The ‘casual dining crunch’ began to really take hold in 2018, as the new year saw the downturn of high street restaurant chains.
Jamie’s Italian, Byron Burger and Strada all announced significant branch closures in January, as Square Pie went into administration in February and Prezzo closed 94 locations in April and May.
In contrast, the London street food market scene has exploded in the last few years with diverse and innovative vendors now operating daily across the city.
Real Food Festivals began trading in 2008, hosting an annual food event in Earl’s Court Exhibition Centre.
Since then it has expanded with pop up street food markets and larger scale food festivals, in the UK and internationally, prioritising ethical, sustainable and quality food.
While their ultimate aim is to change the way people buy and source produce, they credit hot food markets with leading the way in terms of their popularity.
Events director Fabio Diu said: “There is some really exciting, creative food being cooked up by very passionate street food chefs often inspired by their heritage or travels.
“It’s fun, playful, has no rules and is mostly really well made and uncompromising in flavour.
“I feel the street food scene is also a really positive reflection of London’s multicultural, multi-ethnic melting pot society.
“There is a lot of really creative cross-pollination of flavours and ideas giving birth to innovative dishes and we have always seen our street food events as a celebration of this wonderful diversity and creativity.
“The popularity of street food has helped reclaim public spaces.”
A report by Scala Italia shows that it is the younger generation who are eating out more with numbers significantly declining once respondents passed the age of 40.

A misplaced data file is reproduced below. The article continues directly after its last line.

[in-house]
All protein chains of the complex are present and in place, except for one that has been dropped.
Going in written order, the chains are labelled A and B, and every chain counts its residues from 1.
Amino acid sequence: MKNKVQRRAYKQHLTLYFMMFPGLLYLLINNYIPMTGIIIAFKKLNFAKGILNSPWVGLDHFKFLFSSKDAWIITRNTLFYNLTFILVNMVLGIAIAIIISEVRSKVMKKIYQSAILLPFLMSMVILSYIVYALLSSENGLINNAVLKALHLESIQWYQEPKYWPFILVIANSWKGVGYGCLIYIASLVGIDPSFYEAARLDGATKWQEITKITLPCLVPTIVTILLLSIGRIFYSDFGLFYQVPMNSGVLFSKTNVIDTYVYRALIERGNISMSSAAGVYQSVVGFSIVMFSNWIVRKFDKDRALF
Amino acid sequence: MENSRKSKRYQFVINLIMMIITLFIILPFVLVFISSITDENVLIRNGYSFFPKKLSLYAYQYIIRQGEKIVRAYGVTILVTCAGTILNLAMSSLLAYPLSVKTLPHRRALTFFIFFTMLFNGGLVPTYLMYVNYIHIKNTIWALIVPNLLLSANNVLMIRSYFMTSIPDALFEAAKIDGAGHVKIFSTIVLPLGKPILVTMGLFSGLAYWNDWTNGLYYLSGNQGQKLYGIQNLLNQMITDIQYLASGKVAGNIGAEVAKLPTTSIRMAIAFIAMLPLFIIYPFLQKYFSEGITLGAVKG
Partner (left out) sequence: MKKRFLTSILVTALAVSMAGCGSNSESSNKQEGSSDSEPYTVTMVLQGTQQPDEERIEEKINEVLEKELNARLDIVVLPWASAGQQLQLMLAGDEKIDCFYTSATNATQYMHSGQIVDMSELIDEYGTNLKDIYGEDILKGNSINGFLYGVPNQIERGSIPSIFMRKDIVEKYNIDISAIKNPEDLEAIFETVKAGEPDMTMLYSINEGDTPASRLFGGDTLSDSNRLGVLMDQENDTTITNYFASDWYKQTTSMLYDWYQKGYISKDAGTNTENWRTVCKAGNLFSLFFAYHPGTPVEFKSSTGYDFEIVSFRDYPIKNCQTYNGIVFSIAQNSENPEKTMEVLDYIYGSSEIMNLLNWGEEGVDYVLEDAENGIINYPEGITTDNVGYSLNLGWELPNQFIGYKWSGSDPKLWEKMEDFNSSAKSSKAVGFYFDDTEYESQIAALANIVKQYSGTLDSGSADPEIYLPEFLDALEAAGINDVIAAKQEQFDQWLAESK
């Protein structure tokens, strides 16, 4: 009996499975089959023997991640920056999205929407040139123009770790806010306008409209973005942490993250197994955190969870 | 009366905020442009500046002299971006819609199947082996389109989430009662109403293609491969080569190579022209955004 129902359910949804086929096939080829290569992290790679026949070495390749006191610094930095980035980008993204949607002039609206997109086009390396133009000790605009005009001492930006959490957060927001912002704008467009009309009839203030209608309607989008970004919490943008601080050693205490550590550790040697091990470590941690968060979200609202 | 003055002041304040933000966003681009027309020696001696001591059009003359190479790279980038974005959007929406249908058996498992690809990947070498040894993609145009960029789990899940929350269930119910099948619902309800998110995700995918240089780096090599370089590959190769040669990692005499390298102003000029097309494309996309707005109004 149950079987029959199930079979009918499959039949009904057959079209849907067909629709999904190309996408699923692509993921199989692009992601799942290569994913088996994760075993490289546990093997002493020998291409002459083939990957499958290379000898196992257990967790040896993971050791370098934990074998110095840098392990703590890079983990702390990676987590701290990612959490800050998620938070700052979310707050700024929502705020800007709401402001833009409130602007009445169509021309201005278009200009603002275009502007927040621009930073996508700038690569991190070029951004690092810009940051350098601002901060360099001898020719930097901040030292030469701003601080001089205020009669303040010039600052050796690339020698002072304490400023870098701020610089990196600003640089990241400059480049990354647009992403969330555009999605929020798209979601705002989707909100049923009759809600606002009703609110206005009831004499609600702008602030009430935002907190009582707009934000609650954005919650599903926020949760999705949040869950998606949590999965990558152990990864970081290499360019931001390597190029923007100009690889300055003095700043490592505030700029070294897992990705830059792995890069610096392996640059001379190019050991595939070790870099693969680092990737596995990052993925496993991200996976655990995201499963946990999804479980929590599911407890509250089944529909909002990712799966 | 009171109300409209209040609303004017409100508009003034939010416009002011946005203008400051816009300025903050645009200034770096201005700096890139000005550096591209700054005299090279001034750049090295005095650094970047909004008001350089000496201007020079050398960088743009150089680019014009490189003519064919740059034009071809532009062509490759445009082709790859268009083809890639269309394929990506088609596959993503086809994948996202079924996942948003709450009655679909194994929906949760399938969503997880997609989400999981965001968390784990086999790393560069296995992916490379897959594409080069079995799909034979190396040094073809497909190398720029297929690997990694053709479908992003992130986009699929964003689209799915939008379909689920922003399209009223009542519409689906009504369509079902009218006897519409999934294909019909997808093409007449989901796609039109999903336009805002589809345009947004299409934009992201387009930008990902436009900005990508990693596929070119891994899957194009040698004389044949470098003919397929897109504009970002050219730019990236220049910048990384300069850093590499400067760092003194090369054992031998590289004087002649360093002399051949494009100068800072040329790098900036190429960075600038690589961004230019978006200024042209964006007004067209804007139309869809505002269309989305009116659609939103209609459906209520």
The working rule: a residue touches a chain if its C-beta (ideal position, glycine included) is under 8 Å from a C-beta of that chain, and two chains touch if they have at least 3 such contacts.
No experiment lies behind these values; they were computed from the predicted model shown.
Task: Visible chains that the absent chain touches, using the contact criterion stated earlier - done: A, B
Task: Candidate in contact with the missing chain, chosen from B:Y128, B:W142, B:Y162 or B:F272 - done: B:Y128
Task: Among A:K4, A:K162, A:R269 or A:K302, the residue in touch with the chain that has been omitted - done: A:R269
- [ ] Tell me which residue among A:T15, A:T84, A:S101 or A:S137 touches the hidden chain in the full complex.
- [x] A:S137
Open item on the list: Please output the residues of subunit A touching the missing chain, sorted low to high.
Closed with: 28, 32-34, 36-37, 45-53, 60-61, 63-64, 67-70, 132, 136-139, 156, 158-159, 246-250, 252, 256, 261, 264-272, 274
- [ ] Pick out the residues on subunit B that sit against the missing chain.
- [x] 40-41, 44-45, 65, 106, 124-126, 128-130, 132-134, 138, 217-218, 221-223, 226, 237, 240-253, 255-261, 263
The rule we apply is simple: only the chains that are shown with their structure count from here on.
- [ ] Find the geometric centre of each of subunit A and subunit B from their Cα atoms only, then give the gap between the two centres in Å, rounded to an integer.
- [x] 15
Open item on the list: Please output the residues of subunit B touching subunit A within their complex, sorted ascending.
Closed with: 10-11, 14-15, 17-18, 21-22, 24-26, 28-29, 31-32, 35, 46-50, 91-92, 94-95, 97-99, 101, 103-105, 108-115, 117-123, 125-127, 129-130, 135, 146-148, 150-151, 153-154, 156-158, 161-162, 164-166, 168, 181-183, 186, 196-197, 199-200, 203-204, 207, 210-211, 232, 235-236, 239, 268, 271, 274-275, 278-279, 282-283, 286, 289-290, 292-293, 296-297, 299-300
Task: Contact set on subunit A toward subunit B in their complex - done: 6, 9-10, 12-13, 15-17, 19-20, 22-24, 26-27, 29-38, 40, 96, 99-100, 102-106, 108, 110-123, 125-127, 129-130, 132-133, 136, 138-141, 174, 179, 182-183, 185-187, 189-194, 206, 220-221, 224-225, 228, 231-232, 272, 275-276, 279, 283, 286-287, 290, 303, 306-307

And of these respondents 30% are more likely to eat out at street food vendors, 94% of people are comfortable with more than five cuisines and 66% would describe themselves as passionate about food and drink.
These trends lend themselves away from food chains like Prezzo, Jamie’s Italian and Byron that focus on a single and more familiar cuisines. Crucially, they are also more expensive on the whole.
Kew Village Market is a monthly farmers’ market operating on the first Sunday of every month comprising ⅔ of food stalls.
It was started in 2011 by two councillors and its original 15 stalls have become over 45 and raised £45,000 for local charities.
What started as a stop-off for people visiting Kew Gardens has now become a destination, attracting people from across London with top quality hot food and produce.
Chairman David Linette said: “The food stalls are very popular and the market provides people with produce that they can’t get locally.
“There are many more people coming from within a five mile radius and traders are staying open after hours because of how packed it is.
“Before there were very few markets and now there are more than a dozen just in the borough.”
David added that since the beginning of social media advertising the market has seen a boom in business.
Fabio similarly said that street food has benefited from the internet, allowing it to develop as a fashionable way of eating.
He added that whether culture is really changing remains to be seen, as food begins with produce that is also where food culture begins.
Traders at Street Food Union, a six day a week market in Soho’s Rupert Street, are optimistic citing cost, lack of menu flexibility and consumers becoming more adventurous as positives for street food and negatives for restaurants.
Founder of Burger Boy Aaron Arthur said: “People are becoming more aware of what they are eating, they are getting fed up of highly processed foods and the same pret sandwich everyday.
“Whereas they can come to a street food market, like this, on their lunchtime and get just about anything you can think of.
“On the high street restaurants aren’t evolving enough, they have their set menus whereas we can evolve to tastes a lot quicker, we can change our menu by the day.”
At Street Food Union all of the traders stressed the importance of responsibly sourced, good quality ingredients as well as a concern for environmentally friendly packaging and a consideration of changing diets such as vegan and gluten free options.
In 2008 people queued for an hour to eat at Jamie’s Italian, now they are doing the same for street food stalls but it remains to be seen whether in ten years time people in London are still going to markets or whether it really is just fashionable